Learn How To Keep Your Meetings On Topic – Part 1 of 2

Keeping attendees focused on producing results consistent with a meeting’s objectives and agenda is a vital responsibility of a meeting leader. This task can become challenging depending on the nature of the meeting content, attendee personalities and the natural inclination for stakeholders to veer off topic.


Consider an airplane flying from New York to Los Angeles. During the course of the five-hour flight, an airplane is continually flying off course. Winds aloft are pushing the aircraft in different directions requiring the pilot to make regular adjustments to keep the plane on the proper heading. Meetings follow the same tendency and all too often end up heading in an unintended direction. To fix the issue the meeting leader needs to be skilled at Redirecting. Redirecting is about getting meeting attendees back on topic when they stray from the focus of the meeting. Redirecting requires:

  • Awareness of when a meeting is heading off course.
  • Patience to allow a reasonable amount of time for wayward attendees to get themselves back on track.
  • Action when needed to get the meeting back on track.

The first step in keeping meeting attendees on topic is knowing that they are off topic in the first place. An inattentive meeting leader without a clear understanding of the meeting objectives has little hope of efficiently leading attendees to their destination.

Second, meeting leaders need to be calculated in redirecting attendees’ focus. If you redirect too quickly, this can alienate attendees by squelching their creative thinking. However, meeting leaders cannot just sit idly by and watch time being wasted.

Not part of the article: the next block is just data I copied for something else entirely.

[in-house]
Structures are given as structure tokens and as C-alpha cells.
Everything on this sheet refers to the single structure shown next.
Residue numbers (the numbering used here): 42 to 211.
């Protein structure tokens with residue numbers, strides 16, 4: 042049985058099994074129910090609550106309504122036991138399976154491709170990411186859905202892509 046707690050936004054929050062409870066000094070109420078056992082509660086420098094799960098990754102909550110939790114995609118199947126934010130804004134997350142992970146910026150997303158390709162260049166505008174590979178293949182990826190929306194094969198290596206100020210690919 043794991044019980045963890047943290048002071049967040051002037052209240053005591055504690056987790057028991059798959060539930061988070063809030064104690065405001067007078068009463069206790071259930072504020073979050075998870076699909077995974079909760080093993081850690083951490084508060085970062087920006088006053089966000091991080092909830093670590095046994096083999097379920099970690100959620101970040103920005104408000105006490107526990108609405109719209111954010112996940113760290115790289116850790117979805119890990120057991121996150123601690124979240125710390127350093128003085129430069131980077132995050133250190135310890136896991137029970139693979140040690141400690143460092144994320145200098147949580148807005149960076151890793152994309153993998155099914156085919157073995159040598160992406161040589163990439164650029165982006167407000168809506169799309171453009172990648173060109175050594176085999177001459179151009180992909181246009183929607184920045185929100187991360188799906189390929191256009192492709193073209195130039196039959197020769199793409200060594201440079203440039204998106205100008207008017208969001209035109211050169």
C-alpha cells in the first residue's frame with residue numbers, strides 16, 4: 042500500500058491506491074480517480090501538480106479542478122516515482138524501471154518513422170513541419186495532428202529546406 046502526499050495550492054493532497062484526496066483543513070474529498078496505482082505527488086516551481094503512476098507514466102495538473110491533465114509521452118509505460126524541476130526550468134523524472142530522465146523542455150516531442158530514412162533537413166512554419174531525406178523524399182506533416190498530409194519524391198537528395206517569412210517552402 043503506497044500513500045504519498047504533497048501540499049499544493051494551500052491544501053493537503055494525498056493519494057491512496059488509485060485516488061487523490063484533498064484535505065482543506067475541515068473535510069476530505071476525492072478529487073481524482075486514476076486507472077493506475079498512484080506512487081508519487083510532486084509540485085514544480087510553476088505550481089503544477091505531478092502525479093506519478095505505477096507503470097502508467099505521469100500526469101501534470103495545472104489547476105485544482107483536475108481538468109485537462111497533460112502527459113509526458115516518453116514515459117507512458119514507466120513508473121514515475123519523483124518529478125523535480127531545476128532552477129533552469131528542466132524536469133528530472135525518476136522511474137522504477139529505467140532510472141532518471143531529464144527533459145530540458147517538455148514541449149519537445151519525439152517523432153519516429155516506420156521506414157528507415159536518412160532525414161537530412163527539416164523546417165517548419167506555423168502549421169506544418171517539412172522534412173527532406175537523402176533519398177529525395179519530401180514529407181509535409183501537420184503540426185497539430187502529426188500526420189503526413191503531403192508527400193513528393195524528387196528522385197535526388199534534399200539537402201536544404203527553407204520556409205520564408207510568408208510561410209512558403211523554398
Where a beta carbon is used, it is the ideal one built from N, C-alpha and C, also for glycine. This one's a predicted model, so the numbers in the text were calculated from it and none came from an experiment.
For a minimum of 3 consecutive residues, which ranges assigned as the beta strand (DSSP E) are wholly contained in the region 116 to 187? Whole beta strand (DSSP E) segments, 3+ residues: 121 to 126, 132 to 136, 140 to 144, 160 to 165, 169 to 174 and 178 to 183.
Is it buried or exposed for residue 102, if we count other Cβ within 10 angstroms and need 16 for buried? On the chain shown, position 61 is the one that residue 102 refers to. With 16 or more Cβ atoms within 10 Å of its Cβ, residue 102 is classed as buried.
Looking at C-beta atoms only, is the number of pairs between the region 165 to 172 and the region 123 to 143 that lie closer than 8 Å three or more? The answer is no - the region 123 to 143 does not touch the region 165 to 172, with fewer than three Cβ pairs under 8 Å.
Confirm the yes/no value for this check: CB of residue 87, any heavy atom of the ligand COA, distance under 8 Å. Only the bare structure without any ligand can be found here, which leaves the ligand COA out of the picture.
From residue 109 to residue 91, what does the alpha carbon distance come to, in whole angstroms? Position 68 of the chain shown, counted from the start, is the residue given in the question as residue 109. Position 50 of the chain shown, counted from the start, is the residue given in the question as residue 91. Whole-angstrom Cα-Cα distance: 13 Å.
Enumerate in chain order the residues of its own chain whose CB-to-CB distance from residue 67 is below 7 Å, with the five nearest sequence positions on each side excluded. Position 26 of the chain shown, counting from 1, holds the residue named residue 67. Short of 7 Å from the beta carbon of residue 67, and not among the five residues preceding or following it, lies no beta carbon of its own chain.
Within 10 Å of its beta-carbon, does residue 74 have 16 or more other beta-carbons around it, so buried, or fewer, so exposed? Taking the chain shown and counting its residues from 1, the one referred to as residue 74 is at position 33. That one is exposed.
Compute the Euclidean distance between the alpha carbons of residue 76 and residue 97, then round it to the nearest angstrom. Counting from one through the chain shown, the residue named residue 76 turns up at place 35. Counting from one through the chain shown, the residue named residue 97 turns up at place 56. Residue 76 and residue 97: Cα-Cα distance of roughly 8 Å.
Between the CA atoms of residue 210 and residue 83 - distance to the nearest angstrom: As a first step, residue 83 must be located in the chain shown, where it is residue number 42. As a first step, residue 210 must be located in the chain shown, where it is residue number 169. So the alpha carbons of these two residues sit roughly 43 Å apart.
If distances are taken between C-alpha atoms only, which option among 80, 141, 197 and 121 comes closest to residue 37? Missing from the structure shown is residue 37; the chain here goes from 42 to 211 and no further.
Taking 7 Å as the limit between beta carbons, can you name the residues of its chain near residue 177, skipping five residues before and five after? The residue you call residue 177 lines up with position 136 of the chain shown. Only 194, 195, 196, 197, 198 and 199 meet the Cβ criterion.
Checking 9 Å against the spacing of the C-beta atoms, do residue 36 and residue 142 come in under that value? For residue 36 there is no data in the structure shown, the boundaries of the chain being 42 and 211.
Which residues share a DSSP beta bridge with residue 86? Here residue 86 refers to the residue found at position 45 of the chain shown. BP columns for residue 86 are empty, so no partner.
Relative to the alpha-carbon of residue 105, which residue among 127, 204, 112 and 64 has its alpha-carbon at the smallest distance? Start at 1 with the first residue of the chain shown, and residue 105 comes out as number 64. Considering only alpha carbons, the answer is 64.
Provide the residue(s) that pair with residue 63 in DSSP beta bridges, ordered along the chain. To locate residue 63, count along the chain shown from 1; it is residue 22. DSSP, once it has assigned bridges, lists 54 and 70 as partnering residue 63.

Unfortunately there are no hard fast rules about when to redirect attendees. This is left to the judgment of the meeting leader in consideration of many factors (other leaders and attendees involved, time constraints, meeting content, cultural norms, politics). Once the meeting has strayed off course, the meeting leader needs to take corrective action.

There are specific actions that meeting leaders can take to redirect meeting attendees to get their meetings back on topic. However, before a meeting leader even gets to the point where they need to redirect a meeting there is one thing they must do that will make the rest of their job much easier. We call this tactic the Pre-Frame and this should be done either before the meeting starts or right at the start of the meeting.


The Pre-Frame establishes the expectation that attendees stay on target and that the meeting leader will take the responsibility for keeping the meeting on topic.

Example: Before reviewing our agenda I want to mention that we have an aggressive schedule and are very tight on time. So it’s important that we stay on topic. If it looks as if we’re heading off course from our objectives. I’m asking your permission to get us back on topic. Does that work for everyone?

In this Pre-Frame example the meeting leader sets the expectation for staying on topic and asks for permission to redirect the team as needed. What is the likelihood that attendees would object to someone keeping them on topic? The important point here is to prepare attendees for the potential redirect in advance. While this tactic is not foolproof, it does increase the likelihood that attendees will stay on topic and greases the skids for redirecting them when they don’t.

We recently managed a strategic planning offsite meeting for a Fortune 500 organization. Prior to the meeting we paid special attention to pre-framing the need to stay on topic in each communication leading up to the meeting in addition to during personal conversations with each attendee. The results of the pre-frame tactic were simply outstanding. Attendees remained mostly on topic and even when they didn’t, they generally acknowledged to the team that they were intentionally going a little off topic but to “please hear them out.” As a result the meeting successfully ended on time with all agenda items completed and all objectives accomplished.

With the Pre-Frame groundwork established there are four specific tactics you can leverage to get your meetings back on topic. Stay tuned for the next blog post where we will review the four specific tactics you can leverage to get your meetings back on topic.

Have you ever used a version of the Pre-Frame before?  If so how did it work?  It not how do you think it would work in your business?

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